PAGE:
Iowa Department of Transportation
Iowa Highway Research Board
Chris Williamsrwilliam@iastate.edu email >
About the research
Optimizing the asphalt mixture design process to produce mixes that balance excellent performance with economical materials, requires addressing the current Ndesign values. Ndesign is where differences between the laboratory mix design compaction effort and the air voids that are ultimately achieved in the field can be improved. Validating this relationship for Iowa asphalt mix designs will lead to better correlations between mix design target voids, field voids, and performance.
As a result of the Phase I study, the Ndesign specifications were changed in October 2016. In addition to the mix design changes, the Iowa Department of Transportation (DOT) implemented new asphalt binder grading criteria. Phase II is primarily a validation study of the new mix design specifications.
The main purpose of this study was to evaluate and compare differences in performance between mix designs made using old and new Ndesign values (different optimal binder contents) for low, medium, and high traffic. Performance comparisons were made for three mix designs with one for each traffic level (low, medium, and high) using tests such as Hamburg wheel tracking for rutting and moisture susceptibility, flow number for rutting, disk-shaped compact tension for low-temperature cracking, -point beam fatigue for fatigue cracking, and dynamic modulus for characterizing asphalt mix stiffness with changing temperatures. Lastly this study used results from the dynamic modulus and dynamic shear rheometer, along with site location information, for use in AASHTOWare Pavement ME Design, to forecast long-term pavement performance impacts by changing the asphalt content Ndesign value and comparing performance to field distress surveyed performance.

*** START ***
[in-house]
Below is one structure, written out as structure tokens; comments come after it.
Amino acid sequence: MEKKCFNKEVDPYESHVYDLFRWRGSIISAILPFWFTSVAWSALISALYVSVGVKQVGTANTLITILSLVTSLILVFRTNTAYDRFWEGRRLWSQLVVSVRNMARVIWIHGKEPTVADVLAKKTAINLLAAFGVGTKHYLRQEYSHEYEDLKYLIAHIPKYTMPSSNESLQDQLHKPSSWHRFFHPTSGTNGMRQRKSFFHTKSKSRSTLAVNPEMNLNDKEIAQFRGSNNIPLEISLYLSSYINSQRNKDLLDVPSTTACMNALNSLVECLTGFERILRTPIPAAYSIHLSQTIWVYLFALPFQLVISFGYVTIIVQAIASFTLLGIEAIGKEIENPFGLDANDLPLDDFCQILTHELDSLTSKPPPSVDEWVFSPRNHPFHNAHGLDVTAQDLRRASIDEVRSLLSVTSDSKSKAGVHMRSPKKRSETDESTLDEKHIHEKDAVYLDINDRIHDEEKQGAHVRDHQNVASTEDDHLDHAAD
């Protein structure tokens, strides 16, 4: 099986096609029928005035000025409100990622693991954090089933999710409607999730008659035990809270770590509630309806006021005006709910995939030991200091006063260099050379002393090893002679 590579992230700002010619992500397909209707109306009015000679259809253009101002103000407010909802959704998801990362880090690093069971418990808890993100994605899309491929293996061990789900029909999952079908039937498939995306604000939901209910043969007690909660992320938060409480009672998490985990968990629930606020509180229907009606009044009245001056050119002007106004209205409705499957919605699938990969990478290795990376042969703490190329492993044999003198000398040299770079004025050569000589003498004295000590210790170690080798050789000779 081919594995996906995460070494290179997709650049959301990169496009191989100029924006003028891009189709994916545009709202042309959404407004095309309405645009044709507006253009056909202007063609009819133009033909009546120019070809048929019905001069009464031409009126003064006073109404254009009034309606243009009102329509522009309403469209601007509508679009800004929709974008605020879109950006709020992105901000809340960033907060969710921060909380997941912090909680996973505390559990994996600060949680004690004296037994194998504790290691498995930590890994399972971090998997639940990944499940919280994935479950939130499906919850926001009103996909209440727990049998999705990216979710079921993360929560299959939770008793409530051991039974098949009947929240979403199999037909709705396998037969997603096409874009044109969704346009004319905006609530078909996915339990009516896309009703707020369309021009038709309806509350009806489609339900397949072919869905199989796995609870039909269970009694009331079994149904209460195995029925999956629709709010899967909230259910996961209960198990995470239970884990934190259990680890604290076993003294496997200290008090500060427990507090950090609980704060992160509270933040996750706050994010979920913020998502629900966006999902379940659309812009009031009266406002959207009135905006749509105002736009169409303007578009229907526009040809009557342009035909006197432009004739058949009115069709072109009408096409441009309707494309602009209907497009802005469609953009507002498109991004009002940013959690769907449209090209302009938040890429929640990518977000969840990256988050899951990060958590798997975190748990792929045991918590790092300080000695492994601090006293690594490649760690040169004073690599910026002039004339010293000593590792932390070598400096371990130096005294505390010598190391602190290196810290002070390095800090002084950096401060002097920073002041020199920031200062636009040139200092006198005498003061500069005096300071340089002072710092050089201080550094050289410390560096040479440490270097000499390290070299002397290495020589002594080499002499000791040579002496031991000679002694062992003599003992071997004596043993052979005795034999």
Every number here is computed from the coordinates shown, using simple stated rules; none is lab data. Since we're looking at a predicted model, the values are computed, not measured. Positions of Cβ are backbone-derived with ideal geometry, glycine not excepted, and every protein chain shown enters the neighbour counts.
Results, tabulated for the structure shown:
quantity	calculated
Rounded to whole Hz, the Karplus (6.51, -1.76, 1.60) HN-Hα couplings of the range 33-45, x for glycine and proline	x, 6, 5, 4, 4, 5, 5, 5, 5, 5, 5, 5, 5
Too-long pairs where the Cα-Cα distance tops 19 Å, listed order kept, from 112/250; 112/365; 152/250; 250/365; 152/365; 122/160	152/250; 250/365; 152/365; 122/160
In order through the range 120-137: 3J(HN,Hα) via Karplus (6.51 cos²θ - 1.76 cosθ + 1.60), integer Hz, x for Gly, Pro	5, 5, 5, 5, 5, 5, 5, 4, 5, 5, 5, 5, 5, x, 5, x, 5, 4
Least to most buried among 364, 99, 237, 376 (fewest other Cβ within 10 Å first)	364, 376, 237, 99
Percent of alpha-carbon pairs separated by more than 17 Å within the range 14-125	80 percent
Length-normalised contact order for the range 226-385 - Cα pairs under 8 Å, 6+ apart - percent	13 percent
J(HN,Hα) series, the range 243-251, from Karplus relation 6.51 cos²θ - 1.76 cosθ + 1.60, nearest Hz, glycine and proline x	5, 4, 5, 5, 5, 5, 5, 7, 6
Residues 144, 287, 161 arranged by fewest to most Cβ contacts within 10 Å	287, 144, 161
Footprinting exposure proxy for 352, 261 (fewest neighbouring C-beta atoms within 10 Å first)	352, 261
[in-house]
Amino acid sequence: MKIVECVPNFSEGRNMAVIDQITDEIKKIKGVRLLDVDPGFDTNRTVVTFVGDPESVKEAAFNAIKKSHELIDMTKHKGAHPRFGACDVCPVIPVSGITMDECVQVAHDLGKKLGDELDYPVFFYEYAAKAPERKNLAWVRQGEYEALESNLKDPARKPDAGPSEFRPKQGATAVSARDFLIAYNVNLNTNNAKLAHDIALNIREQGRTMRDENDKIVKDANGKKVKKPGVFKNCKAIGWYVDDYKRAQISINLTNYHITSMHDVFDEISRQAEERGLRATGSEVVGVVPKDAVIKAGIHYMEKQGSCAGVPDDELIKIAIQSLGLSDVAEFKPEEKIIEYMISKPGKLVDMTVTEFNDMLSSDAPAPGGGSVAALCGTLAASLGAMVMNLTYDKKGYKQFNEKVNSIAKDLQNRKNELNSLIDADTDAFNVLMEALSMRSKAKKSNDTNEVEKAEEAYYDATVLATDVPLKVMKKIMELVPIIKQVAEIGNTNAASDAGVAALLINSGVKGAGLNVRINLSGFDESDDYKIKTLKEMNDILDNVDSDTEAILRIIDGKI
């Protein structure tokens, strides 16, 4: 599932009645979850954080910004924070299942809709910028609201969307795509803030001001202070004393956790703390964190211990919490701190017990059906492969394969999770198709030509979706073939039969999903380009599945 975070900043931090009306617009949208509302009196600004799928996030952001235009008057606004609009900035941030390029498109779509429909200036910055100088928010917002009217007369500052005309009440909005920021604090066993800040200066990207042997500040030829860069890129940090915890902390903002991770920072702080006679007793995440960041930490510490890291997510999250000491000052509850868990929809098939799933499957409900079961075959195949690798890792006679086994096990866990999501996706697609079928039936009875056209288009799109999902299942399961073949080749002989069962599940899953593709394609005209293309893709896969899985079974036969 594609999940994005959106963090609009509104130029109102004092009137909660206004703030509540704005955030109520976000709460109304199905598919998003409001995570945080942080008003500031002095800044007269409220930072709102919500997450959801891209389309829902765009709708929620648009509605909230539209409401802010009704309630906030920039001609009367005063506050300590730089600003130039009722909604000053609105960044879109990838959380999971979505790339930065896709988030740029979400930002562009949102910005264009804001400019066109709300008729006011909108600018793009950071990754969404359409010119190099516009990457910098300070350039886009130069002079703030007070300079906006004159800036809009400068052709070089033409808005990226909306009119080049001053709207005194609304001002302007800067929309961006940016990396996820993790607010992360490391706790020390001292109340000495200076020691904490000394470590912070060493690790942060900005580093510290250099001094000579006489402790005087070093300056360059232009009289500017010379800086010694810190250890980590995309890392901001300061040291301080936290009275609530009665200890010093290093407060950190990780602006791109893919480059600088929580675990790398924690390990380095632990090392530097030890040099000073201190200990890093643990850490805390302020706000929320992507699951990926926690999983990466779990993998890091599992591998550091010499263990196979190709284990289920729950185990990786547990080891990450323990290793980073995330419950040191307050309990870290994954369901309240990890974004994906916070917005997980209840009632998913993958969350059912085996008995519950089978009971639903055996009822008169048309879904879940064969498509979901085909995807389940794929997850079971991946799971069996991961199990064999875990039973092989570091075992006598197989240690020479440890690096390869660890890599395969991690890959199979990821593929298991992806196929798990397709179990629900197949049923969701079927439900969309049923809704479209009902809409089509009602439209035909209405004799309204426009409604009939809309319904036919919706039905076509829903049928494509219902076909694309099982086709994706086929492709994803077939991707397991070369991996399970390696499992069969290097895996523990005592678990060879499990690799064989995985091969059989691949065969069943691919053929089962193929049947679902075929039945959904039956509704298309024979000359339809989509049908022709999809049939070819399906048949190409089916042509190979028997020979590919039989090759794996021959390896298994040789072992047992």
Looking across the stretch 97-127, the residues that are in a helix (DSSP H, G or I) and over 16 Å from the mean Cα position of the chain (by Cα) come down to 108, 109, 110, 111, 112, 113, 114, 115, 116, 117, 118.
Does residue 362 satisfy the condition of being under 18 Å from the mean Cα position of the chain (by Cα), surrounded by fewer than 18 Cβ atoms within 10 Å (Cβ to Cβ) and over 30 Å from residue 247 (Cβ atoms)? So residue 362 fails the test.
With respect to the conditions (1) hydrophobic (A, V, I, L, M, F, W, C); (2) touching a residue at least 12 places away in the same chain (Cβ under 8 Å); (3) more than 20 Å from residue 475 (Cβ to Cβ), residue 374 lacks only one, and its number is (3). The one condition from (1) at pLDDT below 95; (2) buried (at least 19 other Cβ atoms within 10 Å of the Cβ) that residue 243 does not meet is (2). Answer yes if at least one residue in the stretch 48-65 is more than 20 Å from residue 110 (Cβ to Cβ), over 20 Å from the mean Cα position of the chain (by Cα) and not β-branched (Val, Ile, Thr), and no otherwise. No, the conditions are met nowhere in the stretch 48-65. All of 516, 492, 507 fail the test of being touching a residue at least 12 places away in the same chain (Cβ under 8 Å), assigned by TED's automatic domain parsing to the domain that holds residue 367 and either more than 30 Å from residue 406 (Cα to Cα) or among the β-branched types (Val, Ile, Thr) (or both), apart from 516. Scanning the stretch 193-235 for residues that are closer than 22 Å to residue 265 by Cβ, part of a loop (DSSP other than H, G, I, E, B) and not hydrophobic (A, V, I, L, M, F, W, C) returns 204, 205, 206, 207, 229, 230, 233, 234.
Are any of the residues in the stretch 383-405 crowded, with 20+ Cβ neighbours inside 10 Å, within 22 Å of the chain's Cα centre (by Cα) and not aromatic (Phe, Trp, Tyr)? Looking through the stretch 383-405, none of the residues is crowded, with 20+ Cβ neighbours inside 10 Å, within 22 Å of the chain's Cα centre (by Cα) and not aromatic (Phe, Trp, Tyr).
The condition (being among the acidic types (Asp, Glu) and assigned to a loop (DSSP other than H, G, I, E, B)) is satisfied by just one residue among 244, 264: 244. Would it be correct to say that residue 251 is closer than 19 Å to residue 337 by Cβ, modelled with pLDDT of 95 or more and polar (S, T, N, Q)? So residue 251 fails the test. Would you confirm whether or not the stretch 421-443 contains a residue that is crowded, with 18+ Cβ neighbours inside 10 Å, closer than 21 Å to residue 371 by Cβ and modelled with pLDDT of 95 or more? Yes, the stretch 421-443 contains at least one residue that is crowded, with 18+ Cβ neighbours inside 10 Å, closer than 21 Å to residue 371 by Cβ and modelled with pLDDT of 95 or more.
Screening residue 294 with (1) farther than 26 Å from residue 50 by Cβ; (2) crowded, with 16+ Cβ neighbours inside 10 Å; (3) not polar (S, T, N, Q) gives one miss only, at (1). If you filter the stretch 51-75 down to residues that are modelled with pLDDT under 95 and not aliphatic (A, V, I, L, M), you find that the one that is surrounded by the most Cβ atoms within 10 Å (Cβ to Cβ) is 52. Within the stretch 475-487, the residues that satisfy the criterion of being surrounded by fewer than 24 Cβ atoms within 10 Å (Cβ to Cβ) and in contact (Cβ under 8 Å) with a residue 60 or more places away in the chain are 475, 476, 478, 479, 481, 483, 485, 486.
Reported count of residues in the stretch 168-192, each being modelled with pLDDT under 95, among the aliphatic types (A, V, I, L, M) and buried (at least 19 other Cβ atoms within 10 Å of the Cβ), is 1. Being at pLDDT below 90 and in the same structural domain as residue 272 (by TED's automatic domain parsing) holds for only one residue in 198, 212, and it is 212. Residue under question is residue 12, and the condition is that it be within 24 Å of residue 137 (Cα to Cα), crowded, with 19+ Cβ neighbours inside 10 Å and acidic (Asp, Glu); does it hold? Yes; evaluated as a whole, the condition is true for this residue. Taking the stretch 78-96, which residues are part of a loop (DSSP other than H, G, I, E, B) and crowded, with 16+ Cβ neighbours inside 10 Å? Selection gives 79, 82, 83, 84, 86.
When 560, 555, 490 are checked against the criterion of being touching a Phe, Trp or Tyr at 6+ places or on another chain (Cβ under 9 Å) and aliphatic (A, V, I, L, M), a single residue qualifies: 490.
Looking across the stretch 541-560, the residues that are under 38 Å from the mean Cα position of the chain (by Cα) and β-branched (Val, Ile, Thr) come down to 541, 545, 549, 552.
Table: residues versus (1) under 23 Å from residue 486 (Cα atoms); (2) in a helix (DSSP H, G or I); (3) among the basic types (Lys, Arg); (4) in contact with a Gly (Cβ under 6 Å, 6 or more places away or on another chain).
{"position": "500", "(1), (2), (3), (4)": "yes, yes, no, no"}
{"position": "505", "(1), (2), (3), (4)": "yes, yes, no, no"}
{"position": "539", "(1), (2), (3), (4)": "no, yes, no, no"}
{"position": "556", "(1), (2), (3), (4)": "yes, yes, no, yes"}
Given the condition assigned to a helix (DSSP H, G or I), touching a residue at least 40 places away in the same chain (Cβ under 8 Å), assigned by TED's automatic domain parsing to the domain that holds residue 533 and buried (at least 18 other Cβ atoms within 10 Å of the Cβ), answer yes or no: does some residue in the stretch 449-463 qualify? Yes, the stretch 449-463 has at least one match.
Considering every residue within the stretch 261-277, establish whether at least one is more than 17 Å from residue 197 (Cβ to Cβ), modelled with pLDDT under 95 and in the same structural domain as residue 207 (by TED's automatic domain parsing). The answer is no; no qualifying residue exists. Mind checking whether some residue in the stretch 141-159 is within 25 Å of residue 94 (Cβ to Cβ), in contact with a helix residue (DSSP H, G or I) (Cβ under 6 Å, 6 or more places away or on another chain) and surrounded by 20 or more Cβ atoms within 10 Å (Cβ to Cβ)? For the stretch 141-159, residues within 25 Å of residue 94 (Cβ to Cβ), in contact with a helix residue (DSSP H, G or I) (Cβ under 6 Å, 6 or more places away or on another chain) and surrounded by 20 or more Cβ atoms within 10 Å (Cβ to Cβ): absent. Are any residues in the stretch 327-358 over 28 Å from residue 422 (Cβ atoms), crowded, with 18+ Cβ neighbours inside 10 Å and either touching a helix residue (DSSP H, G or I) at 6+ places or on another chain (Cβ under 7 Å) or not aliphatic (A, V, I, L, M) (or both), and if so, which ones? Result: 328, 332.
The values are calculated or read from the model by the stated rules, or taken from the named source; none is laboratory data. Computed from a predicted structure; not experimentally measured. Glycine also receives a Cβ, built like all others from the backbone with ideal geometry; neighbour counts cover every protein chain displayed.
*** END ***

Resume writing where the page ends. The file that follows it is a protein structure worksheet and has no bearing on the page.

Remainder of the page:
When produced with new Ndesign values (higher optimal binder content), the three mix designs were observed to perform better against rutting, fatigue cracking, and low-temperature cracking than that of mixtures made using old Ndesign values. Significant differences were shown between old and new Ndesign for IA 4 using flow number results and IA 330 and I-235 for Hamburg wheel tracking test results in terms of resistance against rutting. Laboratory results appear to validate that changing to new Ndesign value specifications does improve mix performance.
When comparing predicted performance from AASHTOWare Pavement ME Design against field performance in the Iowa DOT’s Pavement Management Information System, there were significant differences for both old and new Ndesign produced mixtures. A possible reason for this is a need for more level 1 input data in ME Design such that predicted performance can be better correlated to field performance.